While all assignments will be graded on a point scale (15/20) and the running tally of the semester grade on ANGEL will be displayed as percent, final grades will be given on a 4.0 scale. When calculated, the final course grade will be mathematically converted to a grade on the 4.0 scale, and then rounded either up or down to the nearest 0.5 increment (ex: 3.0, 3.5, 4.0). For example, a 78% (overall) in the class would convert to 3.12 on the 4.0 scale. This would then be rounded down to a 3.0 (which is the grade that would be received). What this means is that a 90% in the class (overall) does not mean that you will receive a 4.0.

The final grade for the course will be based on the following criteria:

Blog Posts (30%) – throughout the semester, students will be expected to post a number of entries (or comments) to the course blog.  The majority of the time, these will be a discussion of the book you bought that week.  In other (rare) cases, students will be asked to respond to a specific question.  The exact topic of the blog post will be listed (by week) in the Schedule section of the course website.  Blog posts should thoughtfully address the topic in question.  This is especially important in the case of the weekly book discussion.  A post filled with “dude, this issue was AWESOME.  Batman totally jumped from from the building and KAPOW…hit the other dude right in the face” is not what I’m looking for.  Restrain your inner fanboy/fangirl.  You can be enthusiastic or critical – just be thoughtful.  A critical analysis of the storytelling is definitely good.  Using the book as a way to talk about larger issues is cool also.  Posts have to be a minimum of 300 words (longer is just fine).  If students want to comment on another student’s posts (say you both read the same book), that is fine as well.  The comment must be at least 300 words as well – and must be respectful.  Unless otherwise stated, the posts are due by Friday at 5pm (in the week in which they appear on the Schedule)

Final Exam (25%) – The final exam will be an essay question designed to allow students to aggregate what they’ve learned throughout the entire semester and explore a specific topic.

OGN/Trade Research Paper & Presentation – Students will work in teams of 3 to prepare a research paper & presentation based on one of the books in this list.  The paper must be at least 4000 words, and should be broken into several sections: discussion of the book itself (plot, themes, etc.), discussion of the creative team (include as many of the creative team as you feel is important – writer, artists, inker, colorist, letterer, editor, etc.), discussion of the book’s history, discussion of the book’s impact (on the industry and the medium), and discussion of the book’s place in the overall history of the industry/medium.  In sddition to the paper, students will also be expected to prepare a minimum 20 minute presentation of their research paper.  More details on this (and the research paper) as we get later into the semester.  Papers will be submitted electronically (more on this later in the semester)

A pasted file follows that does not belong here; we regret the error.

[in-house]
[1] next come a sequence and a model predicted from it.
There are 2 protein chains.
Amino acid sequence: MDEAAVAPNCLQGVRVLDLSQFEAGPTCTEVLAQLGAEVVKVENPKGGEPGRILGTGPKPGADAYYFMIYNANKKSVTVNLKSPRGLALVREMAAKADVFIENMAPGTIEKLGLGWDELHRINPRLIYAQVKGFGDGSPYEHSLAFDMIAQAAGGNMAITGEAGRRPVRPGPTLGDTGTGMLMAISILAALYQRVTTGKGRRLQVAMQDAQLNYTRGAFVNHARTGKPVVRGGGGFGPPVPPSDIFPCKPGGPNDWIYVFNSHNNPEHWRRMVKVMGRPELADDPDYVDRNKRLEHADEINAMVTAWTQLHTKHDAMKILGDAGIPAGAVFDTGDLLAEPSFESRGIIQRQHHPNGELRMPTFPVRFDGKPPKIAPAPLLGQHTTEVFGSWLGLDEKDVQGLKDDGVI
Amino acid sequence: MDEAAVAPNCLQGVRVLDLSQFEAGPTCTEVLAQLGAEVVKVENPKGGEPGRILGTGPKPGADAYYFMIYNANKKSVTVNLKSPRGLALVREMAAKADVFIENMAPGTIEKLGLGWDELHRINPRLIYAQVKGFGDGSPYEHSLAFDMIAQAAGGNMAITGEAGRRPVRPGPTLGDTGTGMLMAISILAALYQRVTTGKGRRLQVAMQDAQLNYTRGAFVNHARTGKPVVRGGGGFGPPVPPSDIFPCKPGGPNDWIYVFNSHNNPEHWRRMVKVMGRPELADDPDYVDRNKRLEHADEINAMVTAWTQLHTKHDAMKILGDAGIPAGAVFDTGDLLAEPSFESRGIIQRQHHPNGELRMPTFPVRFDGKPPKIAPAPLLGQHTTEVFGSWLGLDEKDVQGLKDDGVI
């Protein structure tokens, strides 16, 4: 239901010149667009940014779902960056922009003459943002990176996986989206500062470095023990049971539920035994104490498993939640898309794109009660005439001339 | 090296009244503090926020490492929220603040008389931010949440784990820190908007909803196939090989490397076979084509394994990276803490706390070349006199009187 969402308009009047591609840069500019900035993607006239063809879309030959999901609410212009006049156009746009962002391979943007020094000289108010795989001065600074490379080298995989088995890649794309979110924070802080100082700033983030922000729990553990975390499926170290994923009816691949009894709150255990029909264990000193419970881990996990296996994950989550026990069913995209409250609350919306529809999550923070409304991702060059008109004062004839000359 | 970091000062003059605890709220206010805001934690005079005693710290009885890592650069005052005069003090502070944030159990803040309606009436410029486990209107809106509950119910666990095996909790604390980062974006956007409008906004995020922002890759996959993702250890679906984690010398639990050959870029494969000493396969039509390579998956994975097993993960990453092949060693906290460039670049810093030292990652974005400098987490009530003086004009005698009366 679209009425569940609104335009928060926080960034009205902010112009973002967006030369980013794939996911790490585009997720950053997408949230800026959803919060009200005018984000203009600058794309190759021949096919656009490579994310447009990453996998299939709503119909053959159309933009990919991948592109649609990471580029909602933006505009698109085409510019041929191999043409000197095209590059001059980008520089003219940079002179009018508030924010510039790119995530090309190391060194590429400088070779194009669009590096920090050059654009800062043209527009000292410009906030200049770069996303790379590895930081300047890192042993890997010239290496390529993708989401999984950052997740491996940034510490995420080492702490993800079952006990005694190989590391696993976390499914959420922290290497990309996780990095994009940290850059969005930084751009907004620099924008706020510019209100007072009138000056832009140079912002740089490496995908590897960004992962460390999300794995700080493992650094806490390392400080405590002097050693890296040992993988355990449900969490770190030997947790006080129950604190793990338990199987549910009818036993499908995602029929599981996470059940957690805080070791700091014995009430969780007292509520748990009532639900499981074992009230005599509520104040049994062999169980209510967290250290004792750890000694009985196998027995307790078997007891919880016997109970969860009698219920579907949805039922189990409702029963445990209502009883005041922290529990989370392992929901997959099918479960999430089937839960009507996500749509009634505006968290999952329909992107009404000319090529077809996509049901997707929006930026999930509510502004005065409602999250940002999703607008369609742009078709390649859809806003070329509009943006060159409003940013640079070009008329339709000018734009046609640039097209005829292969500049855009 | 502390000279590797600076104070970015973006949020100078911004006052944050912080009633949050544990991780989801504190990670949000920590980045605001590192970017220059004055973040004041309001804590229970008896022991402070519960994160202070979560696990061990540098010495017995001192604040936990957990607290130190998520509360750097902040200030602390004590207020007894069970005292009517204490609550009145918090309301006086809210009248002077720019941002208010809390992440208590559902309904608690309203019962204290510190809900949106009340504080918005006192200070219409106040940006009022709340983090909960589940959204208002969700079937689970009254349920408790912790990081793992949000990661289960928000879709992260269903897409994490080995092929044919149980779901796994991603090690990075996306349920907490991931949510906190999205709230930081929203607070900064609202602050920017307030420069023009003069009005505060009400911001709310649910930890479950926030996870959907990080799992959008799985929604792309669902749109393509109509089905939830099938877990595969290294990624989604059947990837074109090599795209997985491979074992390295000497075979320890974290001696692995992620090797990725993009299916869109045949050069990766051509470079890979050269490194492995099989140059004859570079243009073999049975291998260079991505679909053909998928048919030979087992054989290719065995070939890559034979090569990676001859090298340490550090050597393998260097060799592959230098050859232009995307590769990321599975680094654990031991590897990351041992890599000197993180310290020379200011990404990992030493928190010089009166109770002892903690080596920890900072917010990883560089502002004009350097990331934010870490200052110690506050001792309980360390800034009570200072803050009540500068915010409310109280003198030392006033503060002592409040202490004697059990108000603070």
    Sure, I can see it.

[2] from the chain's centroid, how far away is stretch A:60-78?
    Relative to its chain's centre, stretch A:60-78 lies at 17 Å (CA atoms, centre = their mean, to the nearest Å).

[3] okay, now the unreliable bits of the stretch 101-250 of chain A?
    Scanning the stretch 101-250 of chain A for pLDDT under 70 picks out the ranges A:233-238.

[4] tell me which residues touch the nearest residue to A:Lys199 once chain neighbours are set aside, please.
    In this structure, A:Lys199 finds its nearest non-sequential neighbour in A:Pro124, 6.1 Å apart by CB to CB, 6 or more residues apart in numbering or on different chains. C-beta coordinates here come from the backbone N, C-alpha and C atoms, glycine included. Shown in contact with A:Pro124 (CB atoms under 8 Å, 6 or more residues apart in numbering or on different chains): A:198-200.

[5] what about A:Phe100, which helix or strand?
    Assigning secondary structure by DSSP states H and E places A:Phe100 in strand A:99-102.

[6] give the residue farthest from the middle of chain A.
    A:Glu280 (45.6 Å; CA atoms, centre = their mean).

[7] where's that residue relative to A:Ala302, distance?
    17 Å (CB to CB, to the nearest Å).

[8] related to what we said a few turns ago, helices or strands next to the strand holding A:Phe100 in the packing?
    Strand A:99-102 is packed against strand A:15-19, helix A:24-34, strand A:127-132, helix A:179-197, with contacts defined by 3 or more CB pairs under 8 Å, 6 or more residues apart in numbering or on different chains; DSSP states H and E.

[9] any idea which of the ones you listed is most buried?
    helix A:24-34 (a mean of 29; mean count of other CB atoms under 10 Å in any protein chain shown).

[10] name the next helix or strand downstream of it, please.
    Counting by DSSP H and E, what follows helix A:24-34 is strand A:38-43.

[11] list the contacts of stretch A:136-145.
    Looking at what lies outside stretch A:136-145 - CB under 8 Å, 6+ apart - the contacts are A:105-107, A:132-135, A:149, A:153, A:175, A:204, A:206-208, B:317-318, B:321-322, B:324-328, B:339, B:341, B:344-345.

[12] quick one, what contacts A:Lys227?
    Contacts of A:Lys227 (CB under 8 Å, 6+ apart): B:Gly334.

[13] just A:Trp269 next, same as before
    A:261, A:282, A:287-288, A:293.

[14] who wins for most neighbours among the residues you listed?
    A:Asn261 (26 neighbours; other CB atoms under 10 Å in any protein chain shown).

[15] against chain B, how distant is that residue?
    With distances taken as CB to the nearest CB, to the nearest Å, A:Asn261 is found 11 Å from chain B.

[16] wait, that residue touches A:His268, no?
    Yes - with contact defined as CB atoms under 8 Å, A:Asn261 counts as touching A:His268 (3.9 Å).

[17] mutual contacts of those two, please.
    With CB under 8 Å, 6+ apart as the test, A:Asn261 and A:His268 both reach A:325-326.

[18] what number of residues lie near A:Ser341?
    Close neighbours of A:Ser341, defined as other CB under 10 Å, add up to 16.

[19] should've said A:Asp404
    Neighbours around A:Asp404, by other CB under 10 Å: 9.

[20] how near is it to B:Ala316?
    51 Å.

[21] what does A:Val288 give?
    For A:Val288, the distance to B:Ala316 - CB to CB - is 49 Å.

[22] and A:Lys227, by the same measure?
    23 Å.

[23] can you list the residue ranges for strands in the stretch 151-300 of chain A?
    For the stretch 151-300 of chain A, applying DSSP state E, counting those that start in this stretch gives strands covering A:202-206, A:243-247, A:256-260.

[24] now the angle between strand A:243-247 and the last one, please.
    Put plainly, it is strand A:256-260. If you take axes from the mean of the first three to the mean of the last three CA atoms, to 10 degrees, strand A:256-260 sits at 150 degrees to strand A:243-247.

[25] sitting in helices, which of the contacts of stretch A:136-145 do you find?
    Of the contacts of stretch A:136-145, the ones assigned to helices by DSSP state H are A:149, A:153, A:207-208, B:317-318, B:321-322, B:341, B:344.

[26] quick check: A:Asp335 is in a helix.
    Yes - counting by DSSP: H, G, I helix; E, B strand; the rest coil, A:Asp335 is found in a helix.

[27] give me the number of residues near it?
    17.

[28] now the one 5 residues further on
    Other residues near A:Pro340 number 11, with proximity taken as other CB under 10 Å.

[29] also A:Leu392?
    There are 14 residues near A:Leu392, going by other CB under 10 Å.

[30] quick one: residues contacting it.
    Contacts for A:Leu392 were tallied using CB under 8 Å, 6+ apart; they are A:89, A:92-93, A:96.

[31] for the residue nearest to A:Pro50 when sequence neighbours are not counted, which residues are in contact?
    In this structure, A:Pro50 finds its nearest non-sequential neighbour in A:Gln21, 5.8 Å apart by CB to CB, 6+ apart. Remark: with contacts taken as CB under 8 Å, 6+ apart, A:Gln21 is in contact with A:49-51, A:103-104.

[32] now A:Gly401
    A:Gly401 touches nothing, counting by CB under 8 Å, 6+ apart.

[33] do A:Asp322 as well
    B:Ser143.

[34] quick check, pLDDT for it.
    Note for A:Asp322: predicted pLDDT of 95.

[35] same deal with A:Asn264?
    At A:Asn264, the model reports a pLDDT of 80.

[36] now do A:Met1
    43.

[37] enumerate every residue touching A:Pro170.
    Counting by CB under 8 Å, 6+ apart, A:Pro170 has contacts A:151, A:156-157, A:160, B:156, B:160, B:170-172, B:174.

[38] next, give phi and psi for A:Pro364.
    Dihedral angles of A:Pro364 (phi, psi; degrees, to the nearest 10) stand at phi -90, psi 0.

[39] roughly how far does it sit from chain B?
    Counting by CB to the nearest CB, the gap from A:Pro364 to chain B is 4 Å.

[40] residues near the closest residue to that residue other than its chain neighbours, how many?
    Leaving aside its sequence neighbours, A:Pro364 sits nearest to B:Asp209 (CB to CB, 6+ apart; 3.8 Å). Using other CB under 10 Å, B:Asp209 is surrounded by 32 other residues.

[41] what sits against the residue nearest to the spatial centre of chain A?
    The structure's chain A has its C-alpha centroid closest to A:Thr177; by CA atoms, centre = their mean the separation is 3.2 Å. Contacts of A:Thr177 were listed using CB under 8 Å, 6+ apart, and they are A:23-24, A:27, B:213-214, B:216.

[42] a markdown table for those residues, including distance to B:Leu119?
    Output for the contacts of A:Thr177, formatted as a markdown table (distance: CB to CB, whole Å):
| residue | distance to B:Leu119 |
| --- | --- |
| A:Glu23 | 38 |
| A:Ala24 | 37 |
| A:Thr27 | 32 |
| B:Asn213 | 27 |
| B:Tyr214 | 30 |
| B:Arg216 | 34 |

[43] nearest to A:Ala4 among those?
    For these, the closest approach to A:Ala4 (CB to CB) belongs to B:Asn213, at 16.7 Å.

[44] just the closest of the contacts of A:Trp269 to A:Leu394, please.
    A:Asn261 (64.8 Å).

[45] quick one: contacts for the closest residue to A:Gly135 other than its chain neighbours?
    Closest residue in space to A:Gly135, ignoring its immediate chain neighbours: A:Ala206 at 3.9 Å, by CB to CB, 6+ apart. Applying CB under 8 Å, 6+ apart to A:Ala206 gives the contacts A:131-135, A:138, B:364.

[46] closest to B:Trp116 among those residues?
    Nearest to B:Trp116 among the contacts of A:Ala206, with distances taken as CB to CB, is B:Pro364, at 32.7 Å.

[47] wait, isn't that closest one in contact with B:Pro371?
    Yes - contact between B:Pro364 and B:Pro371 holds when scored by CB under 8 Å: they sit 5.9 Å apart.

Here are the guidelines we talked about in class:

Thoughtful analysis and discussion of of the work and creators – focusing not only on the work itself, but on the place of the work (and the creator) in the larger historical context of the medium and the industry.

  1. Exploration of the creators involved with the book (artists, writer, etc.).  Part history, part biography.
  2. Exploration, analysis, and discussion of the story – both art & writing.  Innovation?  Why?
  3. Analysis and discussion of the place that the book has in the overall historical context of the medium and the industry.

Here is the rubric I will be using to grade the assignment: 110 paper rubric

Instructor Grading Philosophy

Unlike some instructors who are unwilling to award an “A” for a given assignment just because they don’t like giving high marks, the instructor for this class has no problems with giving high marks. If your work deserves to get an “A,” you are going to get one. Alternatively, the instructor for this course has no problems with giving students an “F.” The bottom line is students are never guaranteed a good grade, it is their responsibility to work for one.

Under no circumstances will students be graded on a curve or relative to one another. Each assignment will be graded on the merits of that assignment and no other factors.

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